Numerical Simulation of UV Disinfection Reators: Impact of Fluence Rate Distribution and Turbulence Modeling

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Title: Numerical Simulation of UV Disinfection Reators: Impact of Fluence Rate Distribution and Turbulence Modeling
Author: Liu, Dong
Advisors: David Ollis, Committee Member
Francis de los Reyes III, Committee Member
Detlef Knappe, Committee Member
Joel. J. Ducoste, Committee Chair
Abstract: This study investigated two most important parts for numerical simulation of UV disinfection reactors: fluence rate distribution and turbulence modeling. In the first part, the evaluation of alternative fluence rate distribution models, including Multiple Point Source Summation (MPSS), Multiple Segment Source Summation (MSSS), Line Source Integration (LSI), Modified LSI (RAD-LSI), Discrete Ordinate (DO) and View Factor models, has been performed. As part of the evaluation, a complete MSSS model, which accounts for the quartz sleeve thickness while calculating refraction angles, was developed. In addition, a simple attenuation factor approach was introduced to integrate the physics of reflection, refraction, and absorption effects into the LSI model. In the second part, six turbulence models, including standard k-e, k-e RNG, k-w(88), revised k-w(98), Reynolds Stress Transport (RST), and Two-Fluid (TF), were investigated and applied to the flow field simulation of a closed conduit polychromatic UV reactor. Predicted flow field, kinetic turbulence energy, and turbulence energy dissipation rate were compared with the experimental data from a Particle Image Velocimetry (PIV) analysis at four locations close to the UV lamps. All of the predicted flow fields were combined with a MSSS fluence rate model and three different microbial inactivation kinetic models to simulate the disinfection process at two UV lamp power conditions. Microbial transport was simulated using the Lagrangian based particle tracking method. As part of the turbulence model analysis, the fluence distribution and the effluent microbial inactivation predicted by all turbulence models were reported. In the fluence rate distribution study, the results showed that models, neglecting the effects of refraction, deviated significantly from the experimental data. In addition, the MSSS approach or models that incorporated the MSSS concept were found to agree well with the experimentally measured fluence rate distribution. Moreover, little difference was found between the results of the MSSS model with quartz sleeve thickness and UVCalc_3D, which does not model the quartz sleeve thickness in the refraction angle calculation but uses a factor to account for the effects of the quartz sleeve on the fluence rate. The attenuation factor combined with LSI model was found to match the MSSS model predictions, while reducing the computational cost. The results show that the fluence distributions and the effluent inactivation level were sensitive to the turbulence model selection. The level of sensitivity was a function of the operating conditions and the UV response kinetics of the microorganisms. In the turbulence model study, the results show that operating conditions that produce higher log inactivation or microorganisms with higher sensitivity to UV will show greater sensitivity to the turbulence model selection. In addition, a broader fluence distribution was found with turbulence models that predicted a larger wake region behind the lamps and greater turbulent mixing characteristics. Overall, the results of this study suggest that numerical simulations of UV processes using CFD should be initially validated with experimental bioassay tests prior to its use as a tool for understanding and evaluating the UV disinfection performance for a specific reactor design and target microorganism.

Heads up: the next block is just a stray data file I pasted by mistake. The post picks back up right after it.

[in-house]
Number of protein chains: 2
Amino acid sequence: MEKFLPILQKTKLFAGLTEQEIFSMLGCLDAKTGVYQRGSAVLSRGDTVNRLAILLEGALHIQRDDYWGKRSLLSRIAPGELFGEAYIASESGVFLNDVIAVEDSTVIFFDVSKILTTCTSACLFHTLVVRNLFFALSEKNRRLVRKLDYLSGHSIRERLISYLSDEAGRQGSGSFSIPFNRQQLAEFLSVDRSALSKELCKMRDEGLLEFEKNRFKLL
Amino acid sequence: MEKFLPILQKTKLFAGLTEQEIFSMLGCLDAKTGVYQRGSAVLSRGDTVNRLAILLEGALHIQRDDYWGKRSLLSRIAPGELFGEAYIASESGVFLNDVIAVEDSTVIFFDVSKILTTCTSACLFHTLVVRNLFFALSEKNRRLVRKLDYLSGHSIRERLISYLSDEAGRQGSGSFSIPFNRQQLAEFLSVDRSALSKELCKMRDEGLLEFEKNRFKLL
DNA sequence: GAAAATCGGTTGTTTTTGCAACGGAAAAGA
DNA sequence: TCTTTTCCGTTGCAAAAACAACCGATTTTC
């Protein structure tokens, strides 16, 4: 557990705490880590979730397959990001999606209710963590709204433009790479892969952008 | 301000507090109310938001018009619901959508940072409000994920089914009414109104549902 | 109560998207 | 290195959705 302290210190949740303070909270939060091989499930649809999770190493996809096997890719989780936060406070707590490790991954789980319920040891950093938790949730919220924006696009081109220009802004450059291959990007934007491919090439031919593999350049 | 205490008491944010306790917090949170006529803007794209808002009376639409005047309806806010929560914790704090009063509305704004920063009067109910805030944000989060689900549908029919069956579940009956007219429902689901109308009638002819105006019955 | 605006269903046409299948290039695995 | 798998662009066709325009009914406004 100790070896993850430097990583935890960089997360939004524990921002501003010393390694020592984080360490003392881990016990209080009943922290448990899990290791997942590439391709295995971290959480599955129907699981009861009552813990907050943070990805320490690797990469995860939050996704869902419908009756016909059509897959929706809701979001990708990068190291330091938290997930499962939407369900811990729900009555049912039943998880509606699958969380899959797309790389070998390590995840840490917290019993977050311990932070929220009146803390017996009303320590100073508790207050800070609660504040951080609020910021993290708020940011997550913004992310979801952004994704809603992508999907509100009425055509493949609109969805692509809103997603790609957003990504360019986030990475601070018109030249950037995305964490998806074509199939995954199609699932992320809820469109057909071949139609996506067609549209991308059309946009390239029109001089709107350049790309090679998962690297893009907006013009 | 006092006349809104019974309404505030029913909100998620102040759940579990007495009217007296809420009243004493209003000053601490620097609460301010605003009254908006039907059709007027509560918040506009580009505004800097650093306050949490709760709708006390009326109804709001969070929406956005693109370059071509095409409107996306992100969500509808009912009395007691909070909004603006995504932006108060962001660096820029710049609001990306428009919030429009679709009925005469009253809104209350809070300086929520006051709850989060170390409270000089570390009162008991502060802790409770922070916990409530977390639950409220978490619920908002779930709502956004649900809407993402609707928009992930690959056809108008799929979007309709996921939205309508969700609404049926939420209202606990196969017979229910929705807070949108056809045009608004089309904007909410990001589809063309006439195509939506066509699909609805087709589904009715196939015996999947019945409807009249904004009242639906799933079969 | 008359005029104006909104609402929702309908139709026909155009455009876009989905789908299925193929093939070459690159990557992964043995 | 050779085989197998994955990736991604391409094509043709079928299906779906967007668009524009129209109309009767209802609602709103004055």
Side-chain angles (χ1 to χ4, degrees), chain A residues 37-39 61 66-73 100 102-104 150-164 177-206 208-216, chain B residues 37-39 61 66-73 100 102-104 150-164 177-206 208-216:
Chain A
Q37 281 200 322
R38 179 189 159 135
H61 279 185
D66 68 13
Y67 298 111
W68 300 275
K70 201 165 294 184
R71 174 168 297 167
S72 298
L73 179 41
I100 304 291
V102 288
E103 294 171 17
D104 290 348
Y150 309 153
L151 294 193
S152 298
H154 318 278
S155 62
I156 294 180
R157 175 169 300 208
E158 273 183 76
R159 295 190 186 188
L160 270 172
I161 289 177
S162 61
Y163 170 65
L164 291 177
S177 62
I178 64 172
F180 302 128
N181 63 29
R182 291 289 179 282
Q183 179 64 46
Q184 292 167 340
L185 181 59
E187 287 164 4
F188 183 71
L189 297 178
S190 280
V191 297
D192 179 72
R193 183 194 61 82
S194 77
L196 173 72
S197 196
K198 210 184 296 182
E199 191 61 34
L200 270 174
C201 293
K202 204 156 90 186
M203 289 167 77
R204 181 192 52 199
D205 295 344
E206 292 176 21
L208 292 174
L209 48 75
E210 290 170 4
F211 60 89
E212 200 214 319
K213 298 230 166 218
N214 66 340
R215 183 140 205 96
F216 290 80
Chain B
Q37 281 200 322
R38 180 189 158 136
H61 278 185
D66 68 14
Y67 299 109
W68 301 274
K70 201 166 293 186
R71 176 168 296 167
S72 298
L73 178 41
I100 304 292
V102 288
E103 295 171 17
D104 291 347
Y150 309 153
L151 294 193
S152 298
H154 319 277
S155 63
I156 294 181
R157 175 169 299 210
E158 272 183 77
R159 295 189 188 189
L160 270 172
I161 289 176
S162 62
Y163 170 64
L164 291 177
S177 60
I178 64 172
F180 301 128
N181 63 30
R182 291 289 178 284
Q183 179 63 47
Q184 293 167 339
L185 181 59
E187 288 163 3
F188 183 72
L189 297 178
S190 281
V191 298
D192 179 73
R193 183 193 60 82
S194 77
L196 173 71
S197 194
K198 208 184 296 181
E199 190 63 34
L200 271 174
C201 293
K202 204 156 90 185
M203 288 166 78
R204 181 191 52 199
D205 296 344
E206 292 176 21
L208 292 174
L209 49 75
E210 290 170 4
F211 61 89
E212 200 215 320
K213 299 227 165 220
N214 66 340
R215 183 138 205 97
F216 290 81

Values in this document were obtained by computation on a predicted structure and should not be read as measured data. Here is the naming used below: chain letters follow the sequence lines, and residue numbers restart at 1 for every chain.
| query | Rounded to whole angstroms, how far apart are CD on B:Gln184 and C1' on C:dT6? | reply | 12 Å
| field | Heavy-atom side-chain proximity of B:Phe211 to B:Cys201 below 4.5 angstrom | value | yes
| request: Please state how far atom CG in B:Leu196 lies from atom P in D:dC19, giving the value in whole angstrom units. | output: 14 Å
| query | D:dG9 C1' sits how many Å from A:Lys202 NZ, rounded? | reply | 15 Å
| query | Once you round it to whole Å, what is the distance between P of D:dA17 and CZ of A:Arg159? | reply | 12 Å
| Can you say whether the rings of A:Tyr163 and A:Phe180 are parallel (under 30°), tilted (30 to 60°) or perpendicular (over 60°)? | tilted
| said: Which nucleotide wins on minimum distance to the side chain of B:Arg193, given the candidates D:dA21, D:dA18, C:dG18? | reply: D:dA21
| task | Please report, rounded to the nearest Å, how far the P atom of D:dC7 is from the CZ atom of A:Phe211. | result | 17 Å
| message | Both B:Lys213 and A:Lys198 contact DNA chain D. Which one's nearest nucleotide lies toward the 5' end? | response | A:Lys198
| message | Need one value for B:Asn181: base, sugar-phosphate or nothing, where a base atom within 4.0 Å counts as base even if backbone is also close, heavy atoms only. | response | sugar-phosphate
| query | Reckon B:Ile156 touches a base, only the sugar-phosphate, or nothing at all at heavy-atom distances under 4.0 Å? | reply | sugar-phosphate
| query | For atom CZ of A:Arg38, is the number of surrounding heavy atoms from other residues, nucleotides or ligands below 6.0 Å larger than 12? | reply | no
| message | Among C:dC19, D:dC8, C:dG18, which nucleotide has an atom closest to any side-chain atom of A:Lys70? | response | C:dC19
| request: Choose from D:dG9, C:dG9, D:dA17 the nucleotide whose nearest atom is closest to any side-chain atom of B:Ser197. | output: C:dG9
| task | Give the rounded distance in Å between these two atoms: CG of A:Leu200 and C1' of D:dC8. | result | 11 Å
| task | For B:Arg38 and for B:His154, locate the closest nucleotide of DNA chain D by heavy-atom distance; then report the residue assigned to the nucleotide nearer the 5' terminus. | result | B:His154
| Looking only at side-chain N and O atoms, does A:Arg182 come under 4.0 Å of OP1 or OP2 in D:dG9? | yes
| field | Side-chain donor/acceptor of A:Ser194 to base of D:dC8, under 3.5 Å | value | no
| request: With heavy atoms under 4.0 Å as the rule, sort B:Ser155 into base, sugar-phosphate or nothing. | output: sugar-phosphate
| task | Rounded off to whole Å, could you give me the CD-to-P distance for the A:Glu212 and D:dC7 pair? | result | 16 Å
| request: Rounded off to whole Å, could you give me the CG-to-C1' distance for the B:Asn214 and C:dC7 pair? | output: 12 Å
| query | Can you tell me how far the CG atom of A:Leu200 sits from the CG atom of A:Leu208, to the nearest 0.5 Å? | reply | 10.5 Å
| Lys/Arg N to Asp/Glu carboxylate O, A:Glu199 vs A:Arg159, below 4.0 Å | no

Date: 2004-12-30
Degree: PhD
Discipline: Civil Engineering

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